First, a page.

On Friday, DeHaven said an owner of a downtown business contacted him to say that one of his employees had been staying in the West Antietam Street building. The employee was identified as Stitely, DeHaven said.

On Saturday, DeHaven said he received a call from Stitely, who said he wanted to talk to DeHaven. DeHaven said he met Stitely at his work place.

“Stitely started out the conversation that he started the fire in the building. Stitely continued that he was sorry for causing the fire and stated that he was trying to stay warm,” DeHaven wrote in his complaint.

Stitely told DeHaven that he had been living with another individual and that they had been recently evicted from their home. Stitely said that he was first in the West Antietam Street building a couple days before talking to DeHaven and that he found a rear first floor door unlocked.

“Stitely stated that he would go through the first floor apartment to enter the interior stairwell. From this point, he found the fourth floor provided him a location that people passing the building would not cause his dogs to bark and people wouldn’t see him,” DeHaven wrote.

Stitely said after he finished work at about 8:30 p.m. Thursday, he entered the building and went to the fourth floor to check on his two dogs, one of which was a pit bull, according to DeHaven’s complaint.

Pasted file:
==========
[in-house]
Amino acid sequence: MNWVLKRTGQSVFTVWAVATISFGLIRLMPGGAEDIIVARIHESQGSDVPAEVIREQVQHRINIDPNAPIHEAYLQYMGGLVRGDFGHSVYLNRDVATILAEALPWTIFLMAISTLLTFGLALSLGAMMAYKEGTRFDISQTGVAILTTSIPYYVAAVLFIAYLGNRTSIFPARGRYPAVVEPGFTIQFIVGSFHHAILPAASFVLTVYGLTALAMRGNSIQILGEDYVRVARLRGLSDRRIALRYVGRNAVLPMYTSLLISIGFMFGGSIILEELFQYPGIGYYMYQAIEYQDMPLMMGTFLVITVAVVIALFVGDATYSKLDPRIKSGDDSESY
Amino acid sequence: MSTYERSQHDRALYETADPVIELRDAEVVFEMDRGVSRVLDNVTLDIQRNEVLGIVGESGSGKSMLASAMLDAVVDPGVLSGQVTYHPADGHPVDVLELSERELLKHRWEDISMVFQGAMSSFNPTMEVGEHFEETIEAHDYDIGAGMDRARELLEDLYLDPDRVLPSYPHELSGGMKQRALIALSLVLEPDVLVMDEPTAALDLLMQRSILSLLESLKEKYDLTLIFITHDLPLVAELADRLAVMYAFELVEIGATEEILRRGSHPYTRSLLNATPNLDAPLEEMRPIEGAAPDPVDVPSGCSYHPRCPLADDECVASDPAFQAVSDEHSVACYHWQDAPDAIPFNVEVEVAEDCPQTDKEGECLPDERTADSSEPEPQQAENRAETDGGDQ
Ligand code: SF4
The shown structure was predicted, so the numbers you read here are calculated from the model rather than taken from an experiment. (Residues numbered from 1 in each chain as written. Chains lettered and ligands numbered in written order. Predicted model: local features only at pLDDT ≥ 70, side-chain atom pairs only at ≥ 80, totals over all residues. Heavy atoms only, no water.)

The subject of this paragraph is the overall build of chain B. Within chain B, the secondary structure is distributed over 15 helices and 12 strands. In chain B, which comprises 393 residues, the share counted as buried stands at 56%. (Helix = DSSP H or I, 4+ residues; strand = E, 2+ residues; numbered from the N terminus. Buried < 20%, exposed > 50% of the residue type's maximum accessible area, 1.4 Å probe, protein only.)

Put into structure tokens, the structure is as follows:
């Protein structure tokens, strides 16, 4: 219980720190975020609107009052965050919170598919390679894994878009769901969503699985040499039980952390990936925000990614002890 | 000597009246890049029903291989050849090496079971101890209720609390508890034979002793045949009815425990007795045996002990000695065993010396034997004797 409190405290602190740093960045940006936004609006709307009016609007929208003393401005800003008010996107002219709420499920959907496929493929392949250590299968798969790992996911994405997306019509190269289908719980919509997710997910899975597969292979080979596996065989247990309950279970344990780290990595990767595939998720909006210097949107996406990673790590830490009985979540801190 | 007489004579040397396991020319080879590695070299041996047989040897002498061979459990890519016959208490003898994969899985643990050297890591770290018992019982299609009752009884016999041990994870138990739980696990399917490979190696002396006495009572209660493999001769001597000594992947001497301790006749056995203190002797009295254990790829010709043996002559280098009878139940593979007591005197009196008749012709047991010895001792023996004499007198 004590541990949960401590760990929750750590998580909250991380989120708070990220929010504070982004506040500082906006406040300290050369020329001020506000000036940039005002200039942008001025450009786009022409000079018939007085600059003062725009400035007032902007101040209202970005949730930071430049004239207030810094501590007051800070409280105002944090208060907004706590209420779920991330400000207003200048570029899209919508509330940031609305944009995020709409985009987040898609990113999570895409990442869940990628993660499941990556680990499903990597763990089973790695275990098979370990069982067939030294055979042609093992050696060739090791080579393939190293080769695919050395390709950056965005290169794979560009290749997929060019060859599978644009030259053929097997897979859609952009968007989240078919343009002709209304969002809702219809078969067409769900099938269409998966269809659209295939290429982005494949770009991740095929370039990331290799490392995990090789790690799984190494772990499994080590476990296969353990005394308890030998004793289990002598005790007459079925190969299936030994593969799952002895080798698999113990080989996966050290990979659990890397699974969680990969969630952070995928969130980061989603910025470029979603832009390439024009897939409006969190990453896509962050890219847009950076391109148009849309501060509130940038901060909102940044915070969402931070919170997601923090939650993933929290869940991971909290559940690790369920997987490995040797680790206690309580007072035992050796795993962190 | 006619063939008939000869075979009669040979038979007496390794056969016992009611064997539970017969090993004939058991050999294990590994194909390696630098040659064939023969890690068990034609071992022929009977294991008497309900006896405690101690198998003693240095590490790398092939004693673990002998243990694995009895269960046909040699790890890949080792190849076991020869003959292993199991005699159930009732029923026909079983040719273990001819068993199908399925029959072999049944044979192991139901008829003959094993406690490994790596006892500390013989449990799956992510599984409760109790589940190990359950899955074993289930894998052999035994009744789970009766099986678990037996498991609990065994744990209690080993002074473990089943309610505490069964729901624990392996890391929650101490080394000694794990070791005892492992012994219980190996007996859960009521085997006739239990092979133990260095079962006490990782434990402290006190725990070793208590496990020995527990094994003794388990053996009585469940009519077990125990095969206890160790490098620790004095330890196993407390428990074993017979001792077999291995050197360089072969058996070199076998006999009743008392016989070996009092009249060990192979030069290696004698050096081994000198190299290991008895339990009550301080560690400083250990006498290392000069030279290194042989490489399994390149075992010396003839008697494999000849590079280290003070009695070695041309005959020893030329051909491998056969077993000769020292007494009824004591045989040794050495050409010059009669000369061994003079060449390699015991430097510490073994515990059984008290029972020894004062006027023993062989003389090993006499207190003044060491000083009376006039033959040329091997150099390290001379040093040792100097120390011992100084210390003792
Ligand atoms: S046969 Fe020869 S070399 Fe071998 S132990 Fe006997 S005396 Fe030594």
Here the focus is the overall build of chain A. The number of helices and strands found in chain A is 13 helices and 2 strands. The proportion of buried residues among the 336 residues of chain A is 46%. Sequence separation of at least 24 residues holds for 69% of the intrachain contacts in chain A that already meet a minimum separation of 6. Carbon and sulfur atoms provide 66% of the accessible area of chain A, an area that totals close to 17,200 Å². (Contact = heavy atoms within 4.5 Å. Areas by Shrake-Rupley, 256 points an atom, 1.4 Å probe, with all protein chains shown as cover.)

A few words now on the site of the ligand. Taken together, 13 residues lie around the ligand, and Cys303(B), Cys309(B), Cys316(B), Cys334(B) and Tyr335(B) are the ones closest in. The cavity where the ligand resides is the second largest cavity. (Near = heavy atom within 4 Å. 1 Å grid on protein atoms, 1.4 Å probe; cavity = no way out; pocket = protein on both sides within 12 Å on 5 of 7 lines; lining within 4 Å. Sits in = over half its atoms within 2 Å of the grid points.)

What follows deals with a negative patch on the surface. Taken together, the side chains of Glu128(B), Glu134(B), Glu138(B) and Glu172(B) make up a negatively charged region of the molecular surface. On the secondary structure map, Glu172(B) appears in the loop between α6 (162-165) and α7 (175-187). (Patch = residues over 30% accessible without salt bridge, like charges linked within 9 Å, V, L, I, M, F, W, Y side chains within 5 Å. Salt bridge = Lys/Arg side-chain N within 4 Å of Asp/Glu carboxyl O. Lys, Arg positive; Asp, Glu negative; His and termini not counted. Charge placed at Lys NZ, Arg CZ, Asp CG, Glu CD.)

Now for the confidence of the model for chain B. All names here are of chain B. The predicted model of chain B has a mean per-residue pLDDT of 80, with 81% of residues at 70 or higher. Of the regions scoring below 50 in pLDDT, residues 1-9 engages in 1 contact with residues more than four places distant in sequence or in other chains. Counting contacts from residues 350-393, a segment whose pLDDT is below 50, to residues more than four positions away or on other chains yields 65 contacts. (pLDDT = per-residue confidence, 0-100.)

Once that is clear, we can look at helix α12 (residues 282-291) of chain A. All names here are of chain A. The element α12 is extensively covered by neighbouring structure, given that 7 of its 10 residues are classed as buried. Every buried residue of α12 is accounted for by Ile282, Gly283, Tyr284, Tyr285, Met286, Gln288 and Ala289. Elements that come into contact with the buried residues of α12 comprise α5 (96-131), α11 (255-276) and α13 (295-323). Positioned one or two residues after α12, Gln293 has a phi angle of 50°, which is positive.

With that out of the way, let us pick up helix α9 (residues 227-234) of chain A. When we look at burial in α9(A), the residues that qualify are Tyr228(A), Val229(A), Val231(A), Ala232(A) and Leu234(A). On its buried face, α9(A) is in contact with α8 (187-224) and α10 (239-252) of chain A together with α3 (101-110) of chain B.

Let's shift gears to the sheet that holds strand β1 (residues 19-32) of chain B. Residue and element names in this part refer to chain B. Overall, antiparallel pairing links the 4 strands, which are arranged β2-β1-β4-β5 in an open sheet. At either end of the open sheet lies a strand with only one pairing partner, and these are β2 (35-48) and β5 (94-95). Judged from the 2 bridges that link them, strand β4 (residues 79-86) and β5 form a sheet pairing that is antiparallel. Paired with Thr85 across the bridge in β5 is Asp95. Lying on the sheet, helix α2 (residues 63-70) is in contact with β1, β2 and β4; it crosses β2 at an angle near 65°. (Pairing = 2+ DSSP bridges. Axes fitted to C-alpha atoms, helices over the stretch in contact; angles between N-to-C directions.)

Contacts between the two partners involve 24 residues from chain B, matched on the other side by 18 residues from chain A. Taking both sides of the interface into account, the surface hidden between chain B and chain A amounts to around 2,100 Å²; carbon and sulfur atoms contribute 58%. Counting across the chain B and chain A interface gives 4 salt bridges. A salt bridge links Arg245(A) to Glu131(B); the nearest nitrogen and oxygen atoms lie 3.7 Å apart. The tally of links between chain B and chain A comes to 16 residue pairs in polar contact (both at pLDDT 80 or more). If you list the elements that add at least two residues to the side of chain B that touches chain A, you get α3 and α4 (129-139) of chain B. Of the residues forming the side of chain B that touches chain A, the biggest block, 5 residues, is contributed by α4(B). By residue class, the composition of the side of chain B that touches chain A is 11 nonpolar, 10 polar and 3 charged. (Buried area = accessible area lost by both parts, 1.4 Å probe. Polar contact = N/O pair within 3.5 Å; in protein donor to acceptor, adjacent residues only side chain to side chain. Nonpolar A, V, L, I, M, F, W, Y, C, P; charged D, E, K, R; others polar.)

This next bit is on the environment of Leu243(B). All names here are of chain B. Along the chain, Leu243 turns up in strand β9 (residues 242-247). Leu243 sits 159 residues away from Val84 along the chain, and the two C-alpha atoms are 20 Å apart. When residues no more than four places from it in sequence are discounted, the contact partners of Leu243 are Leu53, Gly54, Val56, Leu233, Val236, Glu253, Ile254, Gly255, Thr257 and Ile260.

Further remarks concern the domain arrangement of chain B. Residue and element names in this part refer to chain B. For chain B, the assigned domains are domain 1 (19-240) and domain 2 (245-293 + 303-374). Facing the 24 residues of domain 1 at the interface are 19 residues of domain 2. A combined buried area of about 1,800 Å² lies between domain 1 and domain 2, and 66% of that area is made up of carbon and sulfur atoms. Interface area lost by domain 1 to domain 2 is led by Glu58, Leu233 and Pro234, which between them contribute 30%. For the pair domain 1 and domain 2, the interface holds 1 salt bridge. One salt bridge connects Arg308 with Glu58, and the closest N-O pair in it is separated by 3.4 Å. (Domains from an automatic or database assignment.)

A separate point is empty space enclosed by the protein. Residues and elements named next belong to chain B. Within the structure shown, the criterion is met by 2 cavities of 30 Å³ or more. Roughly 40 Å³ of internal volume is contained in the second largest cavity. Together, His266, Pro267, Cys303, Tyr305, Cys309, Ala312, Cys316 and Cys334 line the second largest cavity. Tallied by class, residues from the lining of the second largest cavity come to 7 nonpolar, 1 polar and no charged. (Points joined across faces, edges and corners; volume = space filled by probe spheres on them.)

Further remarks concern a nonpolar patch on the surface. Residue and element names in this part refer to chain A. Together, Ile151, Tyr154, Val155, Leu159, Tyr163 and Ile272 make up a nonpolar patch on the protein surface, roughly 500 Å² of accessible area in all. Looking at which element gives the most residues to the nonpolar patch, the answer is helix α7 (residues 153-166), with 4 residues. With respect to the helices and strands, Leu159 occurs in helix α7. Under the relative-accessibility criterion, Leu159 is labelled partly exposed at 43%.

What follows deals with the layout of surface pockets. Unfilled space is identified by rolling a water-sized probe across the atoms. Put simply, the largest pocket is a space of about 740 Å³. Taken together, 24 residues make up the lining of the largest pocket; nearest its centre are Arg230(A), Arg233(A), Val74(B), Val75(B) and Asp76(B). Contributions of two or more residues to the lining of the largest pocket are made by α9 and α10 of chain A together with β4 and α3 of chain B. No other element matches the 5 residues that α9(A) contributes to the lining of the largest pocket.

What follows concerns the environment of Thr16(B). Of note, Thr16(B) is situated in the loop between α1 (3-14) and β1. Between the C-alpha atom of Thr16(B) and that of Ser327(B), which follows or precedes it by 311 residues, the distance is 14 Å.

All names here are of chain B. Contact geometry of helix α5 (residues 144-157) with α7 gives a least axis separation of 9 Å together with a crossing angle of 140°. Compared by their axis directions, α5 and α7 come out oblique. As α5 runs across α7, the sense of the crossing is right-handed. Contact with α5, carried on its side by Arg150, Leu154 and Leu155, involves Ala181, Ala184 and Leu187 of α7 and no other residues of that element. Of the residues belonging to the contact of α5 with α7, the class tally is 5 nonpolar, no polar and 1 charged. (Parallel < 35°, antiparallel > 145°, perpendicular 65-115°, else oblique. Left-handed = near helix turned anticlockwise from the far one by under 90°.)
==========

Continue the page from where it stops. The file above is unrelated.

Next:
Stitely said he had been collecting wood in the building and stacked some next to a bathtub. Stitely said he put some wood in the bathtub, started a fire with a lighter and went into another room with his dogs, the complaint said.

After some time, Stitely said he noticed a buildup of smoke and went to the bathroom to open a window to let some of it escape. Stitely said he next heard a roaring sound, went to the bathroom and noticed the fire coming from under the tub, according to the complaint.

Stitely said he grabbed his dogs, some belongings and headed to a fire escape. Stitely said he left the area with his dogs and went to a friend’s house, according to DeHaven’s complaint.